One of the lesser-known units of South Cumberland State Park, Grundy Lakes has significant wildlife viewing potential. In addition to historic coke oven ruins, there are four man-made lakes ranging in size from 1 to 16 acres. A one-way paved road with a walking lane circles the two largest lakes, creating an easy 1.7-mile walk on pavement. Following the road along the shore of the upper lake provides good chances to see wildlife such as wood ducks, turtles, frogs and fish, as well as the work of beavers. A prominent beaver lodge can be seen on the right-hand shore. The shallow upper end of the lake is popular with dragonflies and damselflies. Wood ducks, often with young ducklings in spring, tend to be less elusive than usual here.
Another option is the 1.3-mile Lone Rock Trail, which circles the lower lake, where you’ll likely see Canada geese or great blue herons. Kingfishers, red-headed woodpeckers, green herons, and mallards among the more than 80 species that can be spotted. White-tailed deer are commonly seen on the wooded hillsides.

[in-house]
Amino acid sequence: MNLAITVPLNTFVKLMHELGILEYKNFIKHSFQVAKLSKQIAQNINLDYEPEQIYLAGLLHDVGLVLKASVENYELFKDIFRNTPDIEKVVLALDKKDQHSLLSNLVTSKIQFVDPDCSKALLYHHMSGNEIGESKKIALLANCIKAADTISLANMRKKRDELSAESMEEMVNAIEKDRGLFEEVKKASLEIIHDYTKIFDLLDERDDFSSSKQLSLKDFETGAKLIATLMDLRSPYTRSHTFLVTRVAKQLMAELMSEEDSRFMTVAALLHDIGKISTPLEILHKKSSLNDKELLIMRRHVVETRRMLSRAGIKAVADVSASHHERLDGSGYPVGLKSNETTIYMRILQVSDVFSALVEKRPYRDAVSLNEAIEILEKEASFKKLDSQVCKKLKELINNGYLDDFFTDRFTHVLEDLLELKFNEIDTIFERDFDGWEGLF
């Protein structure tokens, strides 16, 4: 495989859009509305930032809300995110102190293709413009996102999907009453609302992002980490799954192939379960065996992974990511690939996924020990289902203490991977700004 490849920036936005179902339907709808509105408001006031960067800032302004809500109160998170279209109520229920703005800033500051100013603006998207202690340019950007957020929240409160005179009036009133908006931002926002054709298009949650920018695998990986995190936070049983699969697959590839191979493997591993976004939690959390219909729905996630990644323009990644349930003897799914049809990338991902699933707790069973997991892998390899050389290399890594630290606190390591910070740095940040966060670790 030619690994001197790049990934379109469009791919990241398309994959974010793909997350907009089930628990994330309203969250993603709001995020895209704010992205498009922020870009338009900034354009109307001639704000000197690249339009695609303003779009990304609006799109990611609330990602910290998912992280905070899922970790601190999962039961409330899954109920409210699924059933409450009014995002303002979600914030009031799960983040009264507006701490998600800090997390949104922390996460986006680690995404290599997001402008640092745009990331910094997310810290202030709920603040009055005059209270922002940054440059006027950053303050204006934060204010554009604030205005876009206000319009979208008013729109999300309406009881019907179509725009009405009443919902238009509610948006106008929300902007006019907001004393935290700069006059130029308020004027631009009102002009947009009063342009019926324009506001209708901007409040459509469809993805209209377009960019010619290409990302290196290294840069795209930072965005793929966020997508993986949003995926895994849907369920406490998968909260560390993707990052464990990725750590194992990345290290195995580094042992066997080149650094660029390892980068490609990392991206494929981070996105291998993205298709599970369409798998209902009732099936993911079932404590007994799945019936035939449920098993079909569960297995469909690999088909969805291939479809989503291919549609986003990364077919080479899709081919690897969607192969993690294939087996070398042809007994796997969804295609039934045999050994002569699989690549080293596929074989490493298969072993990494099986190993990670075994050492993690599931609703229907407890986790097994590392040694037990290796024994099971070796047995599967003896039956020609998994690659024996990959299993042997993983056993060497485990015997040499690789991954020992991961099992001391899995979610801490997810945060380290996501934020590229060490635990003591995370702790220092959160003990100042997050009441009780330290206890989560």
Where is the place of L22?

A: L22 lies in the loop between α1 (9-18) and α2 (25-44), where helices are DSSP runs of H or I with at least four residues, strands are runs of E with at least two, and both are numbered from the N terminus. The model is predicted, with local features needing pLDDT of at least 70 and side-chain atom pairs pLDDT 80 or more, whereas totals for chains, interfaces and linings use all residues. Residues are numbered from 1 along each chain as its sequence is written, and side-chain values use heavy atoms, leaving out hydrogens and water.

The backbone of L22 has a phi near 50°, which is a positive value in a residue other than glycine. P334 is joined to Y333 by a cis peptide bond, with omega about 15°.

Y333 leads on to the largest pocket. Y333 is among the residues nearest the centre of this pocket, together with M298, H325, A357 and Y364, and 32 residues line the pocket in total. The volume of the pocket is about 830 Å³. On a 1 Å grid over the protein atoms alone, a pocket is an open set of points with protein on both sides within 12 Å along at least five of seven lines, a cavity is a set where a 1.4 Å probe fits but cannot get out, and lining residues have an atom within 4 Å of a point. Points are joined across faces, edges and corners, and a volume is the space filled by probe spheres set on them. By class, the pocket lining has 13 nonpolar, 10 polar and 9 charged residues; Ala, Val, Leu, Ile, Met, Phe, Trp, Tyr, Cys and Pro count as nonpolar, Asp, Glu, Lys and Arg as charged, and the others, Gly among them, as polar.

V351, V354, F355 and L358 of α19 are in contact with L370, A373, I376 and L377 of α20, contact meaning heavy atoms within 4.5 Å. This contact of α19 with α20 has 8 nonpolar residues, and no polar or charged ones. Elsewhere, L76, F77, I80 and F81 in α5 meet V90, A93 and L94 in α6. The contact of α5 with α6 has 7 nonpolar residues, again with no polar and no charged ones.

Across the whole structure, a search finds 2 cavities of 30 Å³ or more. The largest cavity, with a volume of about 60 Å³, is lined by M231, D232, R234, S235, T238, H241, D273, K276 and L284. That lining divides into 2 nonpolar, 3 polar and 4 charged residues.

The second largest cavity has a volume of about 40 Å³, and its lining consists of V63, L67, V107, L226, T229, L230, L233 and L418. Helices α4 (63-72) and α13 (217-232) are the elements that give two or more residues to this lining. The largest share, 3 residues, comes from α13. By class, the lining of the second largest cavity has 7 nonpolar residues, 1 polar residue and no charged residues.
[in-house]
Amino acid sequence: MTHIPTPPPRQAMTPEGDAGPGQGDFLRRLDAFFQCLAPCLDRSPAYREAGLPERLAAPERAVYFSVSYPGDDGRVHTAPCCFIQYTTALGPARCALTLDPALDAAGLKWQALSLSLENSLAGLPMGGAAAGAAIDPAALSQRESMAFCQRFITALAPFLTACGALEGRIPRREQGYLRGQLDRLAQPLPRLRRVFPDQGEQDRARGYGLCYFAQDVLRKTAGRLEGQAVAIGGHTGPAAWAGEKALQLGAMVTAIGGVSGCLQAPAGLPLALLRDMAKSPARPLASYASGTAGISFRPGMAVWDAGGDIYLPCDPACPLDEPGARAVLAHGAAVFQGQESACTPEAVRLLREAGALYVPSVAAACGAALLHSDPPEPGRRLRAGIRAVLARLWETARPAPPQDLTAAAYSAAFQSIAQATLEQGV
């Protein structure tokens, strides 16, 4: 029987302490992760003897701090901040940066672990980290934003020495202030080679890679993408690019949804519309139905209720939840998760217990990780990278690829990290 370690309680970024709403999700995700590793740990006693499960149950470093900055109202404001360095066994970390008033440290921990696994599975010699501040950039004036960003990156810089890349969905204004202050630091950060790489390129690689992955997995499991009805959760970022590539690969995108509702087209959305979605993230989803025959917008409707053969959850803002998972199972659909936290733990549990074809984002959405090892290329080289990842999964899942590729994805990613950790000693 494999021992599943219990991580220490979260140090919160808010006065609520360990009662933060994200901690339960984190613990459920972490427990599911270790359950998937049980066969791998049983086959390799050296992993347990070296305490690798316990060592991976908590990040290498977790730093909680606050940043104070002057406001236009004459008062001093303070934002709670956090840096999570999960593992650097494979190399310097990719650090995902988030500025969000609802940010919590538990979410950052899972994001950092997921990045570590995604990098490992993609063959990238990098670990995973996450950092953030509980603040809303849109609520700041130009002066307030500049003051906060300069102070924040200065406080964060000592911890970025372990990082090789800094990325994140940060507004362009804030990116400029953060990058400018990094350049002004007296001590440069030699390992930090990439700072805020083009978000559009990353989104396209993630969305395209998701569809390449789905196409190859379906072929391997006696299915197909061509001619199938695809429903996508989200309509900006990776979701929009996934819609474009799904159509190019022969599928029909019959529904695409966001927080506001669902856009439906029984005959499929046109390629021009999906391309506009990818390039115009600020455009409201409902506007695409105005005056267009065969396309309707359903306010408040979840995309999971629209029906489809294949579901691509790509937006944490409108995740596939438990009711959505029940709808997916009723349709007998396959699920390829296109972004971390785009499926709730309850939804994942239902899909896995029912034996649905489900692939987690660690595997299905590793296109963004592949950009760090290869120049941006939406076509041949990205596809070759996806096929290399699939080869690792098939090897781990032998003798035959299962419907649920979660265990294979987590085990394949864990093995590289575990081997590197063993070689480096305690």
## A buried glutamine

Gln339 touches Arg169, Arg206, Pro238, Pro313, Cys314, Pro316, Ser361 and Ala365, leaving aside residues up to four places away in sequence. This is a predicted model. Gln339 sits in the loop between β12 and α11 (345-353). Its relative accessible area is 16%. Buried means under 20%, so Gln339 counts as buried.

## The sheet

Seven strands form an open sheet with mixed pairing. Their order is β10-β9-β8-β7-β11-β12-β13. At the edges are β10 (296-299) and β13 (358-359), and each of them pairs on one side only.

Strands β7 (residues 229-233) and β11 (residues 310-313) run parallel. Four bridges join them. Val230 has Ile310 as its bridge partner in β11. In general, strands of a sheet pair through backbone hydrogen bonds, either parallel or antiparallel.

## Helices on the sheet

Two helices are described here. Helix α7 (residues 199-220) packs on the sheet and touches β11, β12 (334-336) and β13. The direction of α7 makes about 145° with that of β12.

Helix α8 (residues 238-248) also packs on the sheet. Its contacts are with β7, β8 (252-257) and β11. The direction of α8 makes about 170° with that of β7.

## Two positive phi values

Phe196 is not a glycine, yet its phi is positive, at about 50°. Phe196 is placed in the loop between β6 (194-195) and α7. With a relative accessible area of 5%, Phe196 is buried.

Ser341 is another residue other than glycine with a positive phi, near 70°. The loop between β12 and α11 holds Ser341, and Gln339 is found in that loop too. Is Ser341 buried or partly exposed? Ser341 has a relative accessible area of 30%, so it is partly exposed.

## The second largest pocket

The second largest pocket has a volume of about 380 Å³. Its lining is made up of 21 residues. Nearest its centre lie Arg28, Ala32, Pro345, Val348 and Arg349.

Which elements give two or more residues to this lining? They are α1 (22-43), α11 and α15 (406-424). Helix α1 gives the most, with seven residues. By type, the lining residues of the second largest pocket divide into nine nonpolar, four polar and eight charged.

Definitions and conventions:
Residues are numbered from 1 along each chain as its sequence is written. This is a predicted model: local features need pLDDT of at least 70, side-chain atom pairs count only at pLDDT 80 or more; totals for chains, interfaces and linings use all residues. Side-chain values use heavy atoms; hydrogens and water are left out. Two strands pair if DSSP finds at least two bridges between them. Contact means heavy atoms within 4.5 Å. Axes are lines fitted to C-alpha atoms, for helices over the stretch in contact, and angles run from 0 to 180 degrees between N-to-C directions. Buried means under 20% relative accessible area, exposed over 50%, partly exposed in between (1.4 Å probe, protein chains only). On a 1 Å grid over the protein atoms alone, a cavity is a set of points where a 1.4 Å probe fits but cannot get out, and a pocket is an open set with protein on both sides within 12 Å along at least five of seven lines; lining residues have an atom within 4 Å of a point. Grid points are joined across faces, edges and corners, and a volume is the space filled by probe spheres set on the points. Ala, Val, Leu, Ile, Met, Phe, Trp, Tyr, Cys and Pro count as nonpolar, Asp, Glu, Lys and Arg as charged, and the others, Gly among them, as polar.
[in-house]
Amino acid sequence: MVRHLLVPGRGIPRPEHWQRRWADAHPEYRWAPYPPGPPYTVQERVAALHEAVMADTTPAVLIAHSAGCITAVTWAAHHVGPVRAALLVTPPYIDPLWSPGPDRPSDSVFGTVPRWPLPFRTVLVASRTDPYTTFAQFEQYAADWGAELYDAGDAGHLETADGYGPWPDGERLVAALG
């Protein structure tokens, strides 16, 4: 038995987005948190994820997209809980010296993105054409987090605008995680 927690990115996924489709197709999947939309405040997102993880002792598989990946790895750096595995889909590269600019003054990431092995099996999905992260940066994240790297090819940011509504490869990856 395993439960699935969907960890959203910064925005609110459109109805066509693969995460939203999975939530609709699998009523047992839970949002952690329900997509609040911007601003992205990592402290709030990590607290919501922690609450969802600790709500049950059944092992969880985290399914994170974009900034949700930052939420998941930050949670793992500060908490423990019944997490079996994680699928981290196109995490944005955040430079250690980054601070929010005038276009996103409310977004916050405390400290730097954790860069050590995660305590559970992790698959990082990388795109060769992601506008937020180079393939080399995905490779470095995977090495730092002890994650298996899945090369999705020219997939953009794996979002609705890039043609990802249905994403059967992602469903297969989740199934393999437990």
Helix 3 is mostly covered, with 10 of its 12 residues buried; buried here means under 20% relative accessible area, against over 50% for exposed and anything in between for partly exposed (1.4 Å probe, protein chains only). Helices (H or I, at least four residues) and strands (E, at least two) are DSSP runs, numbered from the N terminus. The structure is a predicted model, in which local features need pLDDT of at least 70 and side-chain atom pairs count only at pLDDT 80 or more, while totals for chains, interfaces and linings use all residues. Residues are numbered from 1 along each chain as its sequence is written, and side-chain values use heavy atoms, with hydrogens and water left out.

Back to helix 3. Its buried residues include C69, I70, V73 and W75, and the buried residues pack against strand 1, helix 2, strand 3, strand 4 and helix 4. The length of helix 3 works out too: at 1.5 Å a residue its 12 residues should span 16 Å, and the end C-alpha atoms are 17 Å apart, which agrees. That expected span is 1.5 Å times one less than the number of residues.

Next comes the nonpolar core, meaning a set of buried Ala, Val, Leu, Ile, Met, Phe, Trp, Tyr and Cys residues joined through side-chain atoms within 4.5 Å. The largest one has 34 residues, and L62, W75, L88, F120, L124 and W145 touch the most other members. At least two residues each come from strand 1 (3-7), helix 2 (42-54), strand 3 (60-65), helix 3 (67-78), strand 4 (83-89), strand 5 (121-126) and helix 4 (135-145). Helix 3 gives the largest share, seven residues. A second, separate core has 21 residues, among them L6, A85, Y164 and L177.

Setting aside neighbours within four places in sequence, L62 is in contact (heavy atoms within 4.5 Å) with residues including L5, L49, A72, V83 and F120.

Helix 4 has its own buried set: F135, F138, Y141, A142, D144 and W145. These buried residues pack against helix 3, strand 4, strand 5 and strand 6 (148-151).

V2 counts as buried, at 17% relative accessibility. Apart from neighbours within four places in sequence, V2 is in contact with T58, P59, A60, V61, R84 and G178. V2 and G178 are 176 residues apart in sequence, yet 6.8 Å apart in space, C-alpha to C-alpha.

Fiery Gizzard trail map (includes Grundy Lakes)
South Cumberland State Park website
These locations are just a sample of the wildlife viewing opportunities to be found in Southeast Tennessee, but they should be enough to whet your appetite for further exploration. Find lists of bird species identified at each of the sites, as well as other potential viewing locations in the region, at eBird.org.